Gladmer Theatre, 223 N. Washington Avenue, Lansing, MI 48933

Considered one of the finest theatres in Michigan, the Gladmer  made its début in 1873 as Buck’s Opera House with E. E. Myers as architect.  It became Baird’s Opera House when Daniel Buck sold the space to James Baird in 1890.

Facing increasing competition from other downtown houses, the theatre was extensively renovated in 1910, becoming the Gladmer,  Fuller Claflin serving as architect. According to Lost Lansing the name  derived from the owner’s daughter and son, Gladys and Merrill.

Excerpts from the Cahn-Leighton Official Theatrical Guide, 1912-13:

F. J. Williams Manager

Seating Capacity:

Lower Floor: 575

Balcony: 432

Gallery: 500

Boxes: 60

Stage:

Proscenium Opening  36×30 feet

Footlights to Back Wall 42 feet

Between Side Walls 66 feet

Apron 2 feet

Between Fly Girders 54 feet

To Rigging Loft 72 feet

To Fly Gallery 30 feet

12 Dressing Rooms

The Michigan Agricultural College Record, April 19, 1918:

“At a house meeting in the woman’s building last week, new rules governing the girls’ attendance at downtown theaters were presented by Miss Arnot Lewis, president of the Women’s Student Council. Junior and senior girls may now attend the Gladmer, Colonial, or Plaza, unchaperoned, provided there are two or more couples in the party.”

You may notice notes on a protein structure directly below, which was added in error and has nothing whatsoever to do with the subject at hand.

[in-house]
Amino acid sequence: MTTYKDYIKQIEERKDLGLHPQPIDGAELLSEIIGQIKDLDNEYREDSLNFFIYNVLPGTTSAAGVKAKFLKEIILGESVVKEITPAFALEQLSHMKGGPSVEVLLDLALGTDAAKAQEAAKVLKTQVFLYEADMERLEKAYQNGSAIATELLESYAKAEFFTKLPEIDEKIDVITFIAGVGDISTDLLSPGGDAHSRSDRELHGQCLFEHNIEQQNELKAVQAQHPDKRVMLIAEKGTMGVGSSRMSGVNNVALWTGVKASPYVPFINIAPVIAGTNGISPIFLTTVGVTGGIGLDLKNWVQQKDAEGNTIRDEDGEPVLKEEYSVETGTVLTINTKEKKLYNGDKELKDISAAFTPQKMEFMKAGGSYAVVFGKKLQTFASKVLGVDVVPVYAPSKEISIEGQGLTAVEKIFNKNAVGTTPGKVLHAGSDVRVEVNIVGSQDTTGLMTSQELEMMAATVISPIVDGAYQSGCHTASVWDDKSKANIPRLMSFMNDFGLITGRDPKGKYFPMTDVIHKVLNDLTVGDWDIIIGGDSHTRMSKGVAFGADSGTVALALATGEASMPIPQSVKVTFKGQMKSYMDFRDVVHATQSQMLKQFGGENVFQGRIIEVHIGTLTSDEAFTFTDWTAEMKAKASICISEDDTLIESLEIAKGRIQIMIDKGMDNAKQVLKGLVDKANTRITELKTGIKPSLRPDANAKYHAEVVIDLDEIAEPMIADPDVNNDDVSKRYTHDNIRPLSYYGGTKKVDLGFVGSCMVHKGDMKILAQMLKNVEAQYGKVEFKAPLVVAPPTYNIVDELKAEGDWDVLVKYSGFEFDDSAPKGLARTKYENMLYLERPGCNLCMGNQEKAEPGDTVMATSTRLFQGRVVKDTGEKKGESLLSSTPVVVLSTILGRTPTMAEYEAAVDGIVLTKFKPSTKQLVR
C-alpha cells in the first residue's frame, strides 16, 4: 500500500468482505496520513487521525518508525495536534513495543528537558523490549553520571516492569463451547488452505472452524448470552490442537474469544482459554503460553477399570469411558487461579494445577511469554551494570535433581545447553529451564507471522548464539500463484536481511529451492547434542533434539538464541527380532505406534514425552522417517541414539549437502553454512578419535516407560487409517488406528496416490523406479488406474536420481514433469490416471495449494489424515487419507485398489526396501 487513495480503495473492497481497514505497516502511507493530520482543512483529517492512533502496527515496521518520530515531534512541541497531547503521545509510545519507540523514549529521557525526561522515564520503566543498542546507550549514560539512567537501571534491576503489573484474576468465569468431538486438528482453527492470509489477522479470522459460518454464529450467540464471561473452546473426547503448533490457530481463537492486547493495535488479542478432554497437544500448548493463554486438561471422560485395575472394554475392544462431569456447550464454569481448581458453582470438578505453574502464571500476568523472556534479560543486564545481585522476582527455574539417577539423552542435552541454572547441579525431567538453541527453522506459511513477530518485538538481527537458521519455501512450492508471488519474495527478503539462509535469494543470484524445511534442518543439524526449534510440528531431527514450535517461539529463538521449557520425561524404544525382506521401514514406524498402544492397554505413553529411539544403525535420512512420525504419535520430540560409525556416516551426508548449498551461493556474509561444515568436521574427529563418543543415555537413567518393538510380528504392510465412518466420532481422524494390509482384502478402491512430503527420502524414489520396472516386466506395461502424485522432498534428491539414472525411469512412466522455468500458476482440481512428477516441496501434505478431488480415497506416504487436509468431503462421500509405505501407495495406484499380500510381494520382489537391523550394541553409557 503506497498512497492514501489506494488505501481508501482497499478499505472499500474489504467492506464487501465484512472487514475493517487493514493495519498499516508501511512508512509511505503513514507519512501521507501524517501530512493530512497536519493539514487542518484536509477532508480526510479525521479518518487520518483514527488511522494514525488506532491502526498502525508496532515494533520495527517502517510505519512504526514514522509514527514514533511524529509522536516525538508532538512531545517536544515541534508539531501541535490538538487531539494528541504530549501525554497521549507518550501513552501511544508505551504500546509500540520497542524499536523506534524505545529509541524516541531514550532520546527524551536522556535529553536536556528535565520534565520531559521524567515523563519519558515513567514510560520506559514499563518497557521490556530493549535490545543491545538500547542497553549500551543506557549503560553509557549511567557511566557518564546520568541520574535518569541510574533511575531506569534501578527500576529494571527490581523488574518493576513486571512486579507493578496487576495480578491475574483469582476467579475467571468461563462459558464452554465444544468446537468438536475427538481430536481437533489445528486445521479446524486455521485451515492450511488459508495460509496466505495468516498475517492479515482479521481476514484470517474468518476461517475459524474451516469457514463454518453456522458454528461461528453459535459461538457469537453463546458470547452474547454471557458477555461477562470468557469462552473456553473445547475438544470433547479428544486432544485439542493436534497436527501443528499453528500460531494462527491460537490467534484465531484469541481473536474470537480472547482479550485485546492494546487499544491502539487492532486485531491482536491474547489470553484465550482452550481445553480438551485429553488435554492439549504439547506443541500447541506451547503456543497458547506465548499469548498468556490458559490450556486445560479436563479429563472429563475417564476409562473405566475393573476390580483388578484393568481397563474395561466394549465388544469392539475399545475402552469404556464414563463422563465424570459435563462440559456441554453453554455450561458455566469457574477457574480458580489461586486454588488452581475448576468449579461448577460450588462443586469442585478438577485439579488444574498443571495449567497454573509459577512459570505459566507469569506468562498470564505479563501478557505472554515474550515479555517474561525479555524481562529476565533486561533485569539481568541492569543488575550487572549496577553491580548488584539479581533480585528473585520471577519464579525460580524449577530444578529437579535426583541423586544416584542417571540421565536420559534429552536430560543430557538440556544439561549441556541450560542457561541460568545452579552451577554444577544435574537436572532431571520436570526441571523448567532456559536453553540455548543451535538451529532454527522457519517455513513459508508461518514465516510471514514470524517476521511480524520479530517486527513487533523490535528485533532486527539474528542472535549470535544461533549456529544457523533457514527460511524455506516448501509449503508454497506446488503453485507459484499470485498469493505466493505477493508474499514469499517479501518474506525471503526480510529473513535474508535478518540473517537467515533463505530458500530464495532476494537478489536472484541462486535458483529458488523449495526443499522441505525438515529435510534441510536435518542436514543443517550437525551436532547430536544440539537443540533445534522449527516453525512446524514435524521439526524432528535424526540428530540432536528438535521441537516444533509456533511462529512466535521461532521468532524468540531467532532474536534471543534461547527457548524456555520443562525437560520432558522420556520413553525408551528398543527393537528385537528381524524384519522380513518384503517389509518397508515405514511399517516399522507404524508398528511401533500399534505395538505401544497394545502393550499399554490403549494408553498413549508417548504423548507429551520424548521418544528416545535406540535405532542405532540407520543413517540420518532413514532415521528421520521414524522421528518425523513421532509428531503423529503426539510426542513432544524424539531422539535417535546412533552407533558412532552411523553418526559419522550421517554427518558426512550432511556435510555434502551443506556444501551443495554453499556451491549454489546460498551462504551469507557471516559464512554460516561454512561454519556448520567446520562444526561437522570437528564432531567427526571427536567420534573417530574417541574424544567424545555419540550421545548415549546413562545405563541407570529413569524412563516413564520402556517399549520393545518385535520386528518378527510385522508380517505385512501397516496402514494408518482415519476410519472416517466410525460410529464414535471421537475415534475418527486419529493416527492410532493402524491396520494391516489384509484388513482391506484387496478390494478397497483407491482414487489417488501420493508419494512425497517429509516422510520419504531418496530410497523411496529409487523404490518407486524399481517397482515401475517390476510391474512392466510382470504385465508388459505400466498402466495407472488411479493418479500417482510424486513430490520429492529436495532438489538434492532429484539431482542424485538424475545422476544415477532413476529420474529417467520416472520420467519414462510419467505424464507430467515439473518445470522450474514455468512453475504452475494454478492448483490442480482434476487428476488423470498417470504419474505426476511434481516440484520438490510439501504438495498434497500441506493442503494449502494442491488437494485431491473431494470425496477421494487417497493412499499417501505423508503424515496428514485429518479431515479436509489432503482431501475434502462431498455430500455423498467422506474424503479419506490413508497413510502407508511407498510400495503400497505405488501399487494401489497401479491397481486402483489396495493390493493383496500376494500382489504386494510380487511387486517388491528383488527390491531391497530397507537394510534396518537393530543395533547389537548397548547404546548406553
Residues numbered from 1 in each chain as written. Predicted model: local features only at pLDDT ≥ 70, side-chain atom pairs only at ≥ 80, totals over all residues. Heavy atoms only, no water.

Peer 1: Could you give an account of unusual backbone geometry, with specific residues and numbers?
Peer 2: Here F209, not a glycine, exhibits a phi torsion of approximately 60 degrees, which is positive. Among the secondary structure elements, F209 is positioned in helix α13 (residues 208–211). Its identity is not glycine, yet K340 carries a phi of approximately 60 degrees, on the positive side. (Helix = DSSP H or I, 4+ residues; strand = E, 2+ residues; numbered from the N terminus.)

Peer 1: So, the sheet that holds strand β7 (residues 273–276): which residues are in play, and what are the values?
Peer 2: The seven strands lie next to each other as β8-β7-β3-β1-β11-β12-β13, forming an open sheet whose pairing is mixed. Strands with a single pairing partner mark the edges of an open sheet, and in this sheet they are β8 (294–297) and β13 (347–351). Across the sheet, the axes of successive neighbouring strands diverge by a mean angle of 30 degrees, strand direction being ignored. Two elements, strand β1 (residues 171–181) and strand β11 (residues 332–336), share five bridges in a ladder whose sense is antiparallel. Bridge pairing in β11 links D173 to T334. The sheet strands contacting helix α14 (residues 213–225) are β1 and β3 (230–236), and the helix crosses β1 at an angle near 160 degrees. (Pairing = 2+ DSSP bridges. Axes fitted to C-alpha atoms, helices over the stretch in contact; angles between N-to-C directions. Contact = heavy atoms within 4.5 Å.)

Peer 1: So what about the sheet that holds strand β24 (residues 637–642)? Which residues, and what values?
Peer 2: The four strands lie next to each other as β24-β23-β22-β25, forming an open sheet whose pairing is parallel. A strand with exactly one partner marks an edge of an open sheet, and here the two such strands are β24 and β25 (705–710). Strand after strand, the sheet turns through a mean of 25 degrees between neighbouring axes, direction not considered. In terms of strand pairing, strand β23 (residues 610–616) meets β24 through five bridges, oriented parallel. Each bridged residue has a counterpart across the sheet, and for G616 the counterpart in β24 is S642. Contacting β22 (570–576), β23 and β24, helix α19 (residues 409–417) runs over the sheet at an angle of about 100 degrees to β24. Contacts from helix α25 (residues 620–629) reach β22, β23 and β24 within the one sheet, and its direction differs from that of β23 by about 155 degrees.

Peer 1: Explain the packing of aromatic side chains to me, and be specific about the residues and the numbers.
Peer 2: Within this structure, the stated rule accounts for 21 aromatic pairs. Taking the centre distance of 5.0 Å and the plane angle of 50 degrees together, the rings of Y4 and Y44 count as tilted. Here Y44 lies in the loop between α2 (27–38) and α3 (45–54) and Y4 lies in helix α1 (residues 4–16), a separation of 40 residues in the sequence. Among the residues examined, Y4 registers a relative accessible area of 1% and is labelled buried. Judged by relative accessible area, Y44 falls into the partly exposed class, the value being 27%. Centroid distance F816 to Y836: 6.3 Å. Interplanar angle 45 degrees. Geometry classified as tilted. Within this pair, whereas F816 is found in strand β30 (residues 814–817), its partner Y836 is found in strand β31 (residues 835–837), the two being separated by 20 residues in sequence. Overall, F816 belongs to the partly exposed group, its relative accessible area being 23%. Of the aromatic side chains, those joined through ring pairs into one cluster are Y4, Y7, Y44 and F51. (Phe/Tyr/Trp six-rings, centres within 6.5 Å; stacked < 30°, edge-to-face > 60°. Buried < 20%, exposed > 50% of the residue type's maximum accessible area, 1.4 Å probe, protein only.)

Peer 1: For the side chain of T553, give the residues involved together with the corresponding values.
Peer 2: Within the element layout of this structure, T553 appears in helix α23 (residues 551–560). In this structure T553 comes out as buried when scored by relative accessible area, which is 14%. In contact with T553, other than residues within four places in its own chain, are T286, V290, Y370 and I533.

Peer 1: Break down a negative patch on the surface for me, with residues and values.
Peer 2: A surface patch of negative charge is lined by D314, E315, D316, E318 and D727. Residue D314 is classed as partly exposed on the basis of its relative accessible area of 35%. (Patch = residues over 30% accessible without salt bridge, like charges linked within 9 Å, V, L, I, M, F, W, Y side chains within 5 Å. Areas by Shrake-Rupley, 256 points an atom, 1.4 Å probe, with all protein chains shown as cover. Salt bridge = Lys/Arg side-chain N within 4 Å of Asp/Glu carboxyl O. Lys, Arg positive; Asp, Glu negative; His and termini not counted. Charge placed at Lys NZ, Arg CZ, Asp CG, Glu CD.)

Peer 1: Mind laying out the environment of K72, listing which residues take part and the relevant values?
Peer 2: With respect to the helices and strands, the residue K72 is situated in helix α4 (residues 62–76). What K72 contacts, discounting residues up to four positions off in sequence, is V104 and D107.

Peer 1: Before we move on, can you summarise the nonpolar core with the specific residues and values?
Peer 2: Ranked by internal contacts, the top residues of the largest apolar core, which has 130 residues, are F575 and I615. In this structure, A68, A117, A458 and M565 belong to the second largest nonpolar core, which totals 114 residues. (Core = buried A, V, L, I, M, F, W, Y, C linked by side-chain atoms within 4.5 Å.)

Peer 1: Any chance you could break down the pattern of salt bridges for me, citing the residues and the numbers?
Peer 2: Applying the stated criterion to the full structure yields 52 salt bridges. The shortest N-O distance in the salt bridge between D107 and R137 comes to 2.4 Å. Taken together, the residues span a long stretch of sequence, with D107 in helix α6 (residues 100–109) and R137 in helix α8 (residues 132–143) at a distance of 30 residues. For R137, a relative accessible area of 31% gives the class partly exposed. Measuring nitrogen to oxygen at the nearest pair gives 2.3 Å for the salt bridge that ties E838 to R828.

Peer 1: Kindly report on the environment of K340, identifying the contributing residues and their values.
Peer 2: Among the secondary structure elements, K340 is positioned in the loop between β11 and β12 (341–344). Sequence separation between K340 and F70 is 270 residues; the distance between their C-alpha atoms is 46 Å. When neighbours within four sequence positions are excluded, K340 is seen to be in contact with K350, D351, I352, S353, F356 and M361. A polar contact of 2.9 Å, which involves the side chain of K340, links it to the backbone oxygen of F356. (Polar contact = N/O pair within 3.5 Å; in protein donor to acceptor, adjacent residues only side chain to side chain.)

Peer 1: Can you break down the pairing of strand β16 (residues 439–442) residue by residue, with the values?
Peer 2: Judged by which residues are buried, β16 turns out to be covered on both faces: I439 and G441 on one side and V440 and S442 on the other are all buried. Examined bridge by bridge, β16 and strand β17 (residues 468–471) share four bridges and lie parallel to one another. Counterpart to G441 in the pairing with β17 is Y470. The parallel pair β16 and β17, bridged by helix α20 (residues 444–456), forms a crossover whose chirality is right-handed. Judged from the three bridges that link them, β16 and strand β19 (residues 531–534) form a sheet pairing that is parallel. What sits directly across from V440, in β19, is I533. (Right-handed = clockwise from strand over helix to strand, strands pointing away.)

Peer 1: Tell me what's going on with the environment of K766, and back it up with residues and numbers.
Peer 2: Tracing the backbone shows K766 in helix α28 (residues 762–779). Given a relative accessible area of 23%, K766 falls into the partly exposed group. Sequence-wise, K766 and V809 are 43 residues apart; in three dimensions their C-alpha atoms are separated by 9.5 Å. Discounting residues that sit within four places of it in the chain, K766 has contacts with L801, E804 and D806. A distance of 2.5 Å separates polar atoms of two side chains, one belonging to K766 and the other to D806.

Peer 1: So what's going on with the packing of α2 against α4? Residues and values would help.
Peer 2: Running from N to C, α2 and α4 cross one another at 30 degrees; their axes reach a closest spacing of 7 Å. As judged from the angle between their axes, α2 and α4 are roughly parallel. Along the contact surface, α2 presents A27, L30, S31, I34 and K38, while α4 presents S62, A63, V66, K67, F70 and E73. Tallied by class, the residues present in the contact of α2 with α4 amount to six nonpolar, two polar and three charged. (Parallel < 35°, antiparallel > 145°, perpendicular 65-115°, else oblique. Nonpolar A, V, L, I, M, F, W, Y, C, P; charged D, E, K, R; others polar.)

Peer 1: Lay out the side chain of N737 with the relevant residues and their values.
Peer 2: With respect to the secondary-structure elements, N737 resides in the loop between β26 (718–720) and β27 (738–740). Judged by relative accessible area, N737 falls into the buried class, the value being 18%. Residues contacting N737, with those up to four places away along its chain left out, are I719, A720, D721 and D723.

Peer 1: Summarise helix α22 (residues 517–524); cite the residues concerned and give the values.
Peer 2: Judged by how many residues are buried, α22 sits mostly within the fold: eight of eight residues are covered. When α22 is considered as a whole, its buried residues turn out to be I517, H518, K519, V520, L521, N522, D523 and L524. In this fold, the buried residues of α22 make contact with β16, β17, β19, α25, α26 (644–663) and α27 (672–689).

Unable to compete with the shopping mall multiplexes, the Gladmer closed its doors in 1979.  One of Lansing’s finest theatres demolished.

Postcard the collection of  Theatre Talks LLC

Cezar Del Valle is the author of the Brooklyn Theatre Index, chosen 2010 Best Book of the Year by the Theatre Historical Society.

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One thought on “Gladmer Theatre, 223 N. Washington Avenue, Lansing, MI 48933

  1. I knew the son ofa later owner of the Gladmer, Bob Stahl. His father was Merritt, at least that is how I remembered him being named. Not “Merrill.” Glady’s was not Merrit’s sister, but the daughter of a co-owner.

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